Who was the subject of an advertisement in a colonial American newspaper 250 years ago this week?
“A mulatto man slave named AARON, who brought suit against my father, Henry Randolph, in the General Court.”
Some historians and other scholars describe eighteenth-century newspaper advertisements about enslaved people who liberated themselves the first narratives of enslavement, though they acknowledge that those advertisements were not penned by enslaved people themselves. Such advertisements document stories of resistance when read counter to the purposes of the enslavers who wrote them to encourage surveillance of Black people with the goals of identifying enslaved people who liberated themselves and returning them to bondage. Filtered through the perspectives of enslavers who shaped the narratives, these advertisements told incomplete stories. Still, these so-called runaway advertisements collectively testify to widespread resistance among enslaved people throughout the colonies.
The story of “a mulatto man slave named AARON” is among those countless incomplete narratives that almost certainly would have included different details had it been written by the enslaved man rather than his enslaver. John Randolph placed an advertisement in the January 17, 1771, edition of William Rind’s Virginia Gazette to advise the public that Aaron had “RUN away” the previous June. From Aaron’s perspective, however, he continued his quest for freedom by other means. Randolph reported that Aaron previously “brought suit against my father, Henry Randolph, in the General Court, for his freedom.” Aaron appeared before the court as Aaron Griffing. Randolph did not explain the significance of the surname. Notably, the enslaved man did not identify himself using the last name of his enslaver. Randolph stated that “the suit was determined … in my father’s favour” even though “many of [Aaron’s] colour got their freedom [from] that court,” perhaps indicating that other enslaved “mulatto” men and women successfully sued for their freedom. Even though he appeared in court as Aaron Griffing, Randolph suspected that he “may change his name” to improve his chances of remaining undetected and “endeavour to pass for a freeman.” From Aaron’s perspective, no passing was involved. He liberated himself after the court refused to do so.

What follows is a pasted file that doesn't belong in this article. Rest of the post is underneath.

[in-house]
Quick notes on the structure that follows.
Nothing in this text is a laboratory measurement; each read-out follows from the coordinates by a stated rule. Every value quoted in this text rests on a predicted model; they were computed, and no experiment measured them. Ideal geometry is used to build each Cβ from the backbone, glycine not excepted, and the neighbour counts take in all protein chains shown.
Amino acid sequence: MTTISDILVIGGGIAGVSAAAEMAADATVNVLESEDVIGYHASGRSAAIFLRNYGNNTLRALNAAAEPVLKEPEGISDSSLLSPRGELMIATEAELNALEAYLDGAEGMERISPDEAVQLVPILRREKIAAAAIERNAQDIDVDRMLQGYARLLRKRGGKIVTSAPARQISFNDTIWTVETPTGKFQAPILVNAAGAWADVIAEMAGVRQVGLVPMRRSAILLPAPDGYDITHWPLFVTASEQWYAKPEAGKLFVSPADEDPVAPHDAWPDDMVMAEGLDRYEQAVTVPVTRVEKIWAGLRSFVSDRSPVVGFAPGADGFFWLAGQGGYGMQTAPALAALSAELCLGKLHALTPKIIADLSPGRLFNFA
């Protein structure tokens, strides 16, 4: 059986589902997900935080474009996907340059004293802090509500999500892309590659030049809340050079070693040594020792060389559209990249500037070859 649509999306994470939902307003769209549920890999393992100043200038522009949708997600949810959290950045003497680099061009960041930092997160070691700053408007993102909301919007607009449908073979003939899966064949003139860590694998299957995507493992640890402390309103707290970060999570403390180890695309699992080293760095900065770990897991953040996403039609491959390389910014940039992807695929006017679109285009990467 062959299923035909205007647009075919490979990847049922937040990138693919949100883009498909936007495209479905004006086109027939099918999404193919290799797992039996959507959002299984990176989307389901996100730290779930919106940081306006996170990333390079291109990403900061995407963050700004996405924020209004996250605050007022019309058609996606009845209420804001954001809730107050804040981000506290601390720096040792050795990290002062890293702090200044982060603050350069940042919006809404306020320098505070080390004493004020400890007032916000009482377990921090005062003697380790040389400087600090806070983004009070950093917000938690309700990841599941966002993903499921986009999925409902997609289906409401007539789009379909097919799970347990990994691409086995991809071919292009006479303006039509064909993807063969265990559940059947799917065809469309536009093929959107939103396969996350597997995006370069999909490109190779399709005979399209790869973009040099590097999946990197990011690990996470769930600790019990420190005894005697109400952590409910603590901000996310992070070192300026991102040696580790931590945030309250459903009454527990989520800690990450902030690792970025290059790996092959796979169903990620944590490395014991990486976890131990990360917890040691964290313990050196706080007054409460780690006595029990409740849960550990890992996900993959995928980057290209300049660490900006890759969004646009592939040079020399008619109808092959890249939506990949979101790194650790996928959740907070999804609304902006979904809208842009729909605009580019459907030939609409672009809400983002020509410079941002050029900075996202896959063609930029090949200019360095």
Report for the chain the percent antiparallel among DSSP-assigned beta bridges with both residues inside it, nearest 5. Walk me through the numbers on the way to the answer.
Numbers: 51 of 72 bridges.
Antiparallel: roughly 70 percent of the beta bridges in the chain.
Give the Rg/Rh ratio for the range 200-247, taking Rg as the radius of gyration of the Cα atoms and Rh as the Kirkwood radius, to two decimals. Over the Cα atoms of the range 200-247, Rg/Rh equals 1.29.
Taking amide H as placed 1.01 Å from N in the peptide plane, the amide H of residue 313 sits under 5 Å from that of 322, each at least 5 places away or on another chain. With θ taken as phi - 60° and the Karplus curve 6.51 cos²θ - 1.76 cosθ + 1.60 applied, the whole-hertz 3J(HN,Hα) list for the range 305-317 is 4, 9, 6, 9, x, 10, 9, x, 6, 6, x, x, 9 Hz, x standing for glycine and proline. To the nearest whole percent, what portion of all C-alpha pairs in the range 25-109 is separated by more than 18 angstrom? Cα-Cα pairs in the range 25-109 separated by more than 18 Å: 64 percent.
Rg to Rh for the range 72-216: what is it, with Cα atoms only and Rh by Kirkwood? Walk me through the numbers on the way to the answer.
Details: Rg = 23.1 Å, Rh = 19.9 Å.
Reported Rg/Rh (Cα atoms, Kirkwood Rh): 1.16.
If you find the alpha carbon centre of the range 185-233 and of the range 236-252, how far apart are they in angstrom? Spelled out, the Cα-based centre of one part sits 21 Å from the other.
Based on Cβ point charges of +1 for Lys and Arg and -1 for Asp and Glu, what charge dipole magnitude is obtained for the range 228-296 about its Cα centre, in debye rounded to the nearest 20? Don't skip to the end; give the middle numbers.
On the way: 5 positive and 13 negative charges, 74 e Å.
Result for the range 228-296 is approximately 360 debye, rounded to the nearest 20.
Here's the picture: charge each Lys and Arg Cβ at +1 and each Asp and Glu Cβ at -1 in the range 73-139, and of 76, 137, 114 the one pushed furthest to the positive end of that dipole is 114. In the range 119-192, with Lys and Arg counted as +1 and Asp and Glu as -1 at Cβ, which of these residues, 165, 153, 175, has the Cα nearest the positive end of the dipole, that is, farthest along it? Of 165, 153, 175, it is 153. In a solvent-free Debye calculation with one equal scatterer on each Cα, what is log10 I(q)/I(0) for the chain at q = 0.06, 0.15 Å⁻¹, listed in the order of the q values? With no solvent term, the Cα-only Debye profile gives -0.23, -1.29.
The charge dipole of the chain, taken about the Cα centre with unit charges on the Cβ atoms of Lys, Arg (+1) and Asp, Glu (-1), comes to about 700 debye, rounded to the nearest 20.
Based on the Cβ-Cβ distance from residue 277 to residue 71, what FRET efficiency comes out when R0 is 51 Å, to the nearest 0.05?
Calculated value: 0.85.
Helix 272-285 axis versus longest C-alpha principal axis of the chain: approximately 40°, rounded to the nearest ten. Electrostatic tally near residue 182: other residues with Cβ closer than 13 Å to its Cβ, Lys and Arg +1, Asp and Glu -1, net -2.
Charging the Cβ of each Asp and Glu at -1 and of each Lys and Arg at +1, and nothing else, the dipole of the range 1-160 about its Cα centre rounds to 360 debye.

Randolph’s advertisement included other information that Aaron might have described in more detail … or avoided altogether … had he told his own story. For instance, Randolph declared that Aaron has been “marked on each cheek I, R, the letters very dull.” The circumstances that led to the enslaved man bearing the initials of John Randolph (or another enslaver?) on his face may have been a significant motivation for liberating himself … or it may have been a story too painful for words. Whichever may have been the case, Randolph’s advertisement survives today as a testament to Aaron’s courage and conviction to liberate himself. It reverberates with meaning unintended by the enslaver who wrote and disseminated it a quarter millennium ago.